Romania’s Constitutional Court struck down on Thursday afternoon many changes to the criminal code made by the ruling Social Democrats that had been criticized by the European Union, diplomats and magistrates.
The changes are part of a series of legal and personnel changes made by the Social Democrats in the two years since they took power that is seen as threats to judicial independence and could further heighten European Union concerns about democratic values in some of its eastern member states.
The top court rejected a slew of the changes made to the criminal code, but details of its decision will be released at a later date.
Earlier this month, the court also rejected about 70 percent of changes made to criminal procedures that were challenged and that would have raised the burden of proof.
Both bills will now return to parliament for discussion.
Transparency International ranks Romania as one of the EU’s most corrupt states and Brussels has been keeping its justice system under special monitoring since its 2007 entry.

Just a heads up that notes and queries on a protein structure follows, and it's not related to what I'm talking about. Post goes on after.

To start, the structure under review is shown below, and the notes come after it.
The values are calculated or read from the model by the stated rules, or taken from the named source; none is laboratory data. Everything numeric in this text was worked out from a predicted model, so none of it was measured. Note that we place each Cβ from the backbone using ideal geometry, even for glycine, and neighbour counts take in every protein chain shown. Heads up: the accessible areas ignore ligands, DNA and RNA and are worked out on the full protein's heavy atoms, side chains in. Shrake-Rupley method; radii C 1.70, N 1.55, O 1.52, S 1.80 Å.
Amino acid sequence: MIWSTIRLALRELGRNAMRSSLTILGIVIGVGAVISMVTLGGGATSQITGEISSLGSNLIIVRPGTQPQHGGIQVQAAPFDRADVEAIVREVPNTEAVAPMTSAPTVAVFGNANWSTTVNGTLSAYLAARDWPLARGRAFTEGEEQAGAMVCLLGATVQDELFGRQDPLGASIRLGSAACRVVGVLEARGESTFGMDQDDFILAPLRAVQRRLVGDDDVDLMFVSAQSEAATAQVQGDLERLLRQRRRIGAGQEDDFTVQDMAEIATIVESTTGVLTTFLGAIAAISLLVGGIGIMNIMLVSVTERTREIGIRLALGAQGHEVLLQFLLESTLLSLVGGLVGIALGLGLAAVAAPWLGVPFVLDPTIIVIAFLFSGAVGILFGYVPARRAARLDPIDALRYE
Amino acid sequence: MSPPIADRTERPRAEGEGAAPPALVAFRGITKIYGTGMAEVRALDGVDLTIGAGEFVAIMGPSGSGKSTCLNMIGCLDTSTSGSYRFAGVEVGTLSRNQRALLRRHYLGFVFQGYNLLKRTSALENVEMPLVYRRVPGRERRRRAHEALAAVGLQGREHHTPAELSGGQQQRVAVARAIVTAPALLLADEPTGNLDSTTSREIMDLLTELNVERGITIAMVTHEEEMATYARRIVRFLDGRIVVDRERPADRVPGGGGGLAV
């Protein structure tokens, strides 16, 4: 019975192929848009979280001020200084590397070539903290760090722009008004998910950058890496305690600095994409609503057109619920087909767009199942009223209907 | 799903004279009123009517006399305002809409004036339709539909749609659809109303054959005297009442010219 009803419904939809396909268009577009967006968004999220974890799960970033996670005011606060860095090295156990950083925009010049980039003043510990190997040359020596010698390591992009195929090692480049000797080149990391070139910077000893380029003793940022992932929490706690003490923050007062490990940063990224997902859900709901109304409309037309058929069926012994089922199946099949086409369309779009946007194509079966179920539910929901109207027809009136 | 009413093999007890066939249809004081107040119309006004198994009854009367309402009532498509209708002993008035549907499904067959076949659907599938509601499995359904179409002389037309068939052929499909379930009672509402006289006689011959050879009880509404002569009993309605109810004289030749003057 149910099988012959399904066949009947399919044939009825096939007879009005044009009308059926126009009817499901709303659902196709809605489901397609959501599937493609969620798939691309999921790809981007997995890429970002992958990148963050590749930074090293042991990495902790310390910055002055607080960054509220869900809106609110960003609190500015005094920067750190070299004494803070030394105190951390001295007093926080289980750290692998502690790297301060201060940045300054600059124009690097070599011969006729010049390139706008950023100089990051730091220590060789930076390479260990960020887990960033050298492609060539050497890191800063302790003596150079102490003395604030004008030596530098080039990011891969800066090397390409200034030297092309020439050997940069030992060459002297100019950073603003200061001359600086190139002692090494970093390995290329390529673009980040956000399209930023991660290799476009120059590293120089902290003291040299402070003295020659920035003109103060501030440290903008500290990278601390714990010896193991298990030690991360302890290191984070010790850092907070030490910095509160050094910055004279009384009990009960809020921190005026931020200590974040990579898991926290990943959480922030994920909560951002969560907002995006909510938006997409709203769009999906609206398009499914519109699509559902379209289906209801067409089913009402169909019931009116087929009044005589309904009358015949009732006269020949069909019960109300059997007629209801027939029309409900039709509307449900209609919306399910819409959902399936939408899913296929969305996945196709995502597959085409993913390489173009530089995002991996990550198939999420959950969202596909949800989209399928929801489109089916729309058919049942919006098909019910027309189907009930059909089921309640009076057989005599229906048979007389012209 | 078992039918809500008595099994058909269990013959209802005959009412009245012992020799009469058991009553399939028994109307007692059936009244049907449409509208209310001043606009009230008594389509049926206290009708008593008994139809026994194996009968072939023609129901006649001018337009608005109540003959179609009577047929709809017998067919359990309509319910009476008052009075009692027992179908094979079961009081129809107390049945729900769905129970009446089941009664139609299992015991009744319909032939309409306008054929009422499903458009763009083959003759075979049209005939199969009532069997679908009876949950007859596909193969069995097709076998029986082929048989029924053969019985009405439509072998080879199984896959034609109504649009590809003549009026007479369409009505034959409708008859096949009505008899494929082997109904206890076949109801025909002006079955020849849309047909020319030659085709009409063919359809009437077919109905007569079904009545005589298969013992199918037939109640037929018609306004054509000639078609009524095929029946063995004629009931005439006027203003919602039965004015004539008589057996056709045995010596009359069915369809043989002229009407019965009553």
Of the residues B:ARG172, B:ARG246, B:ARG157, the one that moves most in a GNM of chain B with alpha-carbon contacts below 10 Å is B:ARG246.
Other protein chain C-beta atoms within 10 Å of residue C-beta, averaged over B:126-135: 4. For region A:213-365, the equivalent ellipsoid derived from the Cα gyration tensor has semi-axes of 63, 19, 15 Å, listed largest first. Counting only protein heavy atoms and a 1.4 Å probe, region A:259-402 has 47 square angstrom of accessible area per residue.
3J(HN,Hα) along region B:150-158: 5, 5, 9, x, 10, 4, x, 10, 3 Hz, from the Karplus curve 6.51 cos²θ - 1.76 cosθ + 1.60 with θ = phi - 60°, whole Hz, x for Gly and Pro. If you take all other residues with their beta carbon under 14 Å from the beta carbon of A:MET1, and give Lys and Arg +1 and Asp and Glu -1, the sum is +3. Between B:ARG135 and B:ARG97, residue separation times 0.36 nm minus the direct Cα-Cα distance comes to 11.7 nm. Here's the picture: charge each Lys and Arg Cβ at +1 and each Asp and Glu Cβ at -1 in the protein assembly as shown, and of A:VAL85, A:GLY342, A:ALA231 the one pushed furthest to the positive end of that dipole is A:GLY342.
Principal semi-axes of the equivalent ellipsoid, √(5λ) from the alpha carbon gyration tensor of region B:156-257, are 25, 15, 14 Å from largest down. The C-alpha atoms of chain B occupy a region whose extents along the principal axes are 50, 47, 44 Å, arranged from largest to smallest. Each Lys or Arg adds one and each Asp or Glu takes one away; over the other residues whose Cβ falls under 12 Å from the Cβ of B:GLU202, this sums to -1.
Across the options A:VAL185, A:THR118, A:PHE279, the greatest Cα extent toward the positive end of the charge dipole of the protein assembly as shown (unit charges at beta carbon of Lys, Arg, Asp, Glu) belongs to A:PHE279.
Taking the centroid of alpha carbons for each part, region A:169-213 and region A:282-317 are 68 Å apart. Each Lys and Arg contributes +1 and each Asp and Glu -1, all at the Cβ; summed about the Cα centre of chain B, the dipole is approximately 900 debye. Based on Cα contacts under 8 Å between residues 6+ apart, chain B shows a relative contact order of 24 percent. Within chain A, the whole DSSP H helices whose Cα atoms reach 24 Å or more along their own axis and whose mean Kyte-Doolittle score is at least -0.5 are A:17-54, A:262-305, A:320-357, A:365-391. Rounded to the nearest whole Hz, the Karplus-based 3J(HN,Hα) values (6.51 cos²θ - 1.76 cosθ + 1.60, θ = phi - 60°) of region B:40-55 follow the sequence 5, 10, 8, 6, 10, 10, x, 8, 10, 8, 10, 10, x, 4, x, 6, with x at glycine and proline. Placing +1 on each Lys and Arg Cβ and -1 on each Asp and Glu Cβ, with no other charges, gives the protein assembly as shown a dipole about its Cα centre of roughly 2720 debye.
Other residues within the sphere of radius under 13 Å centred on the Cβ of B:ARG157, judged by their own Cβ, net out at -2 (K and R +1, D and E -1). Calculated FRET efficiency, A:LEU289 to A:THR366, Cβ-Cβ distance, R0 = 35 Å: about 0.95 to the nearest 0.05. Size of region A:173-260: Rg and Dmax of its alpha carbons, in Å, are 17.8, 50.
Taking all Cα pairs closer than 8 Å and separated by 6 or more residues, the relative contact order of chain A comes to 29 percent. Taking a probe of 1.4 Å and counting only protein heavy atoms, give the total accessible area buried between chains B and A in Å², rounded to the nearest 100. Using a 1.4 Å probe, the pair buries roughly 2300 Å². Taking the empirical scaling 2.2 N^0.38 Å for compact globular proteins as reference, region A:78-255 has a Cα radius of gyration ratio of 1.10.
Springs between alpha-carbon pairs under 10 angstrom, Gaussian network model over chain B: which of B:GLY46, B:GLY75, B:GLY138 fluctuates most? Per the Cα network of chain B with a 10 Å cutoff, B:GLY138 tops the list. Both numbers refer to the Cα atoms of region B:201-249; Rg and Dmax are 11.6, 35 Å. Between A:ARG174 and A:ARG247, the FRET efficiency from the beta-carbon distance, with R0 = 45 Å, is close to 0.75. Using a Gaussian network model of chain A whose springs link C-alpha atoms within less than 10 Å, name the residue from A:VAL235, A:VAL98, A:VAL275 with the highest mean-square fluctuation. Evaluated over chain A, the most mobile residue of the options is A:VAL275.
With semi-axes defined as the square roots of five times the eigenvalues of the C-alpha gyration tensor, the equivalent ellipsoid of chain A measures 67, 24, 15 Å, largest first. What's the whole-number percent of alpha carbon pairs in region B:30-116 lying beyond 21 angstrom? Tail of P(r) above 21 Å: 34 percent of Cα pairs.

The EU, who is already seeking sanctions against Poland and Hungary for weakening the rule of law are concerned Romania is following suit.
Prosecutors have secured a spate of convictions in recent years against lawmakers, ministers, and mayors, including Social Democrat leader Liviu Dragnea. Their investigations have exposed conflicts of interest, abuse of power, fraud and awarding of state contracts in exchange for bribes.
On Wednesday, Romania’s justice minister demanded the dismissal of the prosecutor general, the last major figure in the anti-corruption drive that has won praise from Brussels for exposing high-level corruption, including the theft of EU funds.
The Social Democrats have said their legal initiatives were aimed at aligning legislation with EU norms and address abuses allegedly committed by magistrates.
Earlier this month, the Venice Commission, the Council of Europe’s advisory body on constitutional matters said the changes to the criminal code and procedures were made with “excessive speed and insufficient transparency”.
It added they would weaken magistrates’ ability “to fight corruption offences, violent crimes, and organised criminality”.